Swiss Gas-Pneumatic Hybrid Engine Promises Big Gains for Less Cost

By Editors on February 2, 2009 12:11 PM

Researchers in Zurich, Switzerland, are attempting to put a new wrinkle in the automotive hybrid tapestry by matching an internal-combustion engine with compressed air instead of battery-electric assist. According to Lino Guzzella, team leader and Professor of Thermotronics at ETH (Eidgenossische Technische Hochschule, aka the Swiss Federal Institute of Technology), this new combo powerplant can provide nearly 80 percent of the overall fuel efficiency benefits realized by a conventional gas-electric alternative but at a fraction of the incremental cost. The prototype currently being evaluated in the ETH labs has shown an 18-24 percent increase in economy on the European Test Cycle. It's reportedly capable of up to a 50 percent gain when operating in an urban traffic environment where the gasoline engine can more readily replenish the supply of compressed air.

The mechanical formula for the ETH hybrid is a familiar one that matches decreased displacement with a supplemental force-feeding circuit. Here, the engine's cylinder count has been halved from four to two, which cuts both weight and associated pumping losses. To compensate for that reduction, it's fitted with a high-efficiency turbocharger that brings power levels up to what's required to deal with real-world traffic. Supplementing that output is compressed air from the on-board tank, which passes through an electronically controlled valve to restart the engine from stops or supplement output after a gear change.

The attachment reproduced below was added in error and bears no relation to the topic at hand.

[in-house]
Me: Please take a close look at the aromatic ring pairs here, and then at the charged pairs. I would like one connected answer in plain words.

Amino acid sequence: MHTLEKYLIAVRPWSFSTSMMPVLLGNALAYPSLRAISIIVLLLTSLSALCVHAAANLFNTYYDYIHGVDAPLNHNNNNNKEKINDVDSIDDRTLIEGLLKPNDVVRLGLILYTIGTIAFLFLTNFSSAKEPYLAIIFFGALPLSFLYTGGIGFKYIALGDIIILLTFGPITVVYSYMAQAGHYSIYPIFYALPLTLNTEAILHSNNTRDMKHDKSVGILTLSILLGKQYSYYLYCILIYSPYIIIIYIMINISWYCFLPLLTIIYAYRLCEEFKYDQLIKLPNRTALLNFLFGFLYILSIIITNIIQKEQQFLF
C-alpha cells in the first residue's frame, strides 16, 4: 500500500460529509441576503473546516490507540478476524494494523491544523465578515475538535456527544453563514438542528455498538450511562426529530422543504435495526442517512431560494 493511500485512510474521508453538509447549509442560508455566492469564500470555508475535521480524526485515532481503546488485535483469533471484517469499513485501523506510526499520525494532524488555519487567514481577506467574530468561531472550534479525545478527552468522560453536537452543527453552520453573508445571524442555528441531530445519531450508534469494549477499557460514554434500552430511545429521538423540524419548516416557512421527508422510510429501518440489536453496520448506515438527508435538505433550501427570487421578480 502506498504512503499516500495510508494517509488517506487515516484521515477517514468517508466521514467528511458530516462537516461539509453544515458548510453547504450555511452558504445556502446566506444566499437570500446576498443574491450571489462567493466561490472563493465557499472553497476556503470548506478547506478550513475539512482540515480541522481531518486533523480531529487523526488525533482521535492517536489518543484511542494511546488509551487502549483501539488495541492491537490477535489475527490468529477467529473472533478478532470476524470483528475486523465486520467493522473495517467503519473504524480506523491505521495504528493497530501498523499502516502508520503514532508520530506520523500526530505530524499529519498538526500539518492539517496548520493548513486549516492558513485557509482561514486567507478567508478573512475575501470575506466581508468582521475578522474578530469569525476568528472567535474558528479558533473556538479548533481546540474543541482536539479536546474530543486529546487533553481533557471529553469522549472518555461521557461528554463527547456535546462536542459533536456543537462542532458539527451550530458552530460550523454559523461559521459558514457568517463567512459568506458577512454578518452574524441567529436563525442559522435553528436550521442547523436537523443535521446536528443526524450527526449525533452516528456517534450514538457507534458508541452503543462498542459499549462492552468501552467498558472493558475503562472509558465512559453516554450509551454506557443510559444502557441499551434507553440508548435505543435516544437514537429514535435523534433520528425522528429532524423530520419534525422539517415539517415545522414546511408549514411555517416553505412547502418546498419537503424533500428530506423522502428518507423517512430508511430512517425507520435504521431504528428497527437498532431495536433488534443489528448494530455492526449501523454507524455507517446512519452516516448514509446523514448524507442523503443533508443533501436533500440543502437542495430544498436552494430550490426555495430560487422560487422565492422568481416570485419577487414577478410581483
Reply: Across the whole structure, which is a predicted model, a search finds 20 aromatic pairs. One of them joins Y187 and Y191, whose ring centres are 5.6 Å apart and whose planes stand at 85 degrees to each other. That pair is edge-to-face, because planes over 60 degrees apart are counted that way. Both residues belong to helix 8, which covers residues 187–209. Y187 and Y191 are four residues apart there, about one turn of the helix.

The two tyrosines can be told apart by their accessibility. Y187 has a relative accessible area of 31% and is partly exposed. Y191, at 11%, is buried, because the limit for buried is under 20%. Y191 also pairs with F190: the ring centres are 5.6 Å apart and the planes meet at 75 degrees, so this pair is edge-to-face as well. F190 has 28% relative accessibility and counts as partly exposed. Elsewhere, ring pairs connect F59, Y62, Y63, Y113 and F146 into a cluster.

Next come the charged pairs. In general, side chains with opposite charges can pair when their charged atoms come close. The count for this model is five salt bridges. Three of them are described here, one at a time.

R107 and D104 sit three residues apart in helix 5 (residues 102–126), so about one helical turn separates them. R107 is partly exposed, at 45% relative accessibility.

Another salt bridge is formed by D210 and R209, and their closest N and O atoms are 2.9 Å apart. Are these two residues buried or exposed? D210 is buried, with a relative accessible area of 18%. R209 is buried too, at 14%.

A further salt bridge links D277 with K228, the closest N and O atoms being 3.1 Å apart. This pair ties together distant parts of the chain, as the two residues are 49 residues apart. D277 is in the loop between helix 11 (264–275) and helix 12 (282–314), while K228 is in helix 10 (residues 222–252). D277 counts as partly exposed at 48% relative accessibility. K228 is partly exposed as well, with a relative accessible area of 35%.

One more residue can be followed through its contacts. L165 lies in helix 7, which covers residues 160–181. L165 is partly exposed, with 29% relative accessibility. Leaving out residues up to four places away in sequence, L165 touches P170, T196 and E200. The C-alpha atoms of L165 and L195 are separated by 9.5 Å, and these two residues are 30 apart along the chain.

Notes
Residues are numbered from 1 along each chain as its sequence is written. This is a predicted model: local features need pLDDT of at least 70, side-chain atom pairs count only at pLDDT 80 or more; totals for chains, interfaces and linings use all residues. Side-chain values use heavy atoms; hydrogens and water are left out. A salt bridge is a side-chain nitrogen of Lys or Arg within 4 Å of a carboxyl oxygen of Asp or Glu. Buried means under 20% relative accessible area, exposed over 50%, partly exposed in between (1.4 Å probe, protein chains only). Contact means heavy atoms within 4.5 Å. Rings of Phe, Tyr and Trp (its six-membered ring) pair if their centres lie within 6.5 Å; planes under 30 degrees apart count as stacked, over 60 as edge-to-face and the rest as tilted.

Guzzella reports that a number of automakers have expressed interest in the ETH gas-air hybrid design, which he sees as a particularly attractive and clean but cost-effective alternative for vehicles being manufactured for sale in developing countries. Research and results of the ETH program, as well as papers on pneumatic hybrid work currently being undertaken by other organizations, will be presented in April at the 2009 SAE World Congress in Detroit.

Photo: P. Ruegg/ ETH Zurich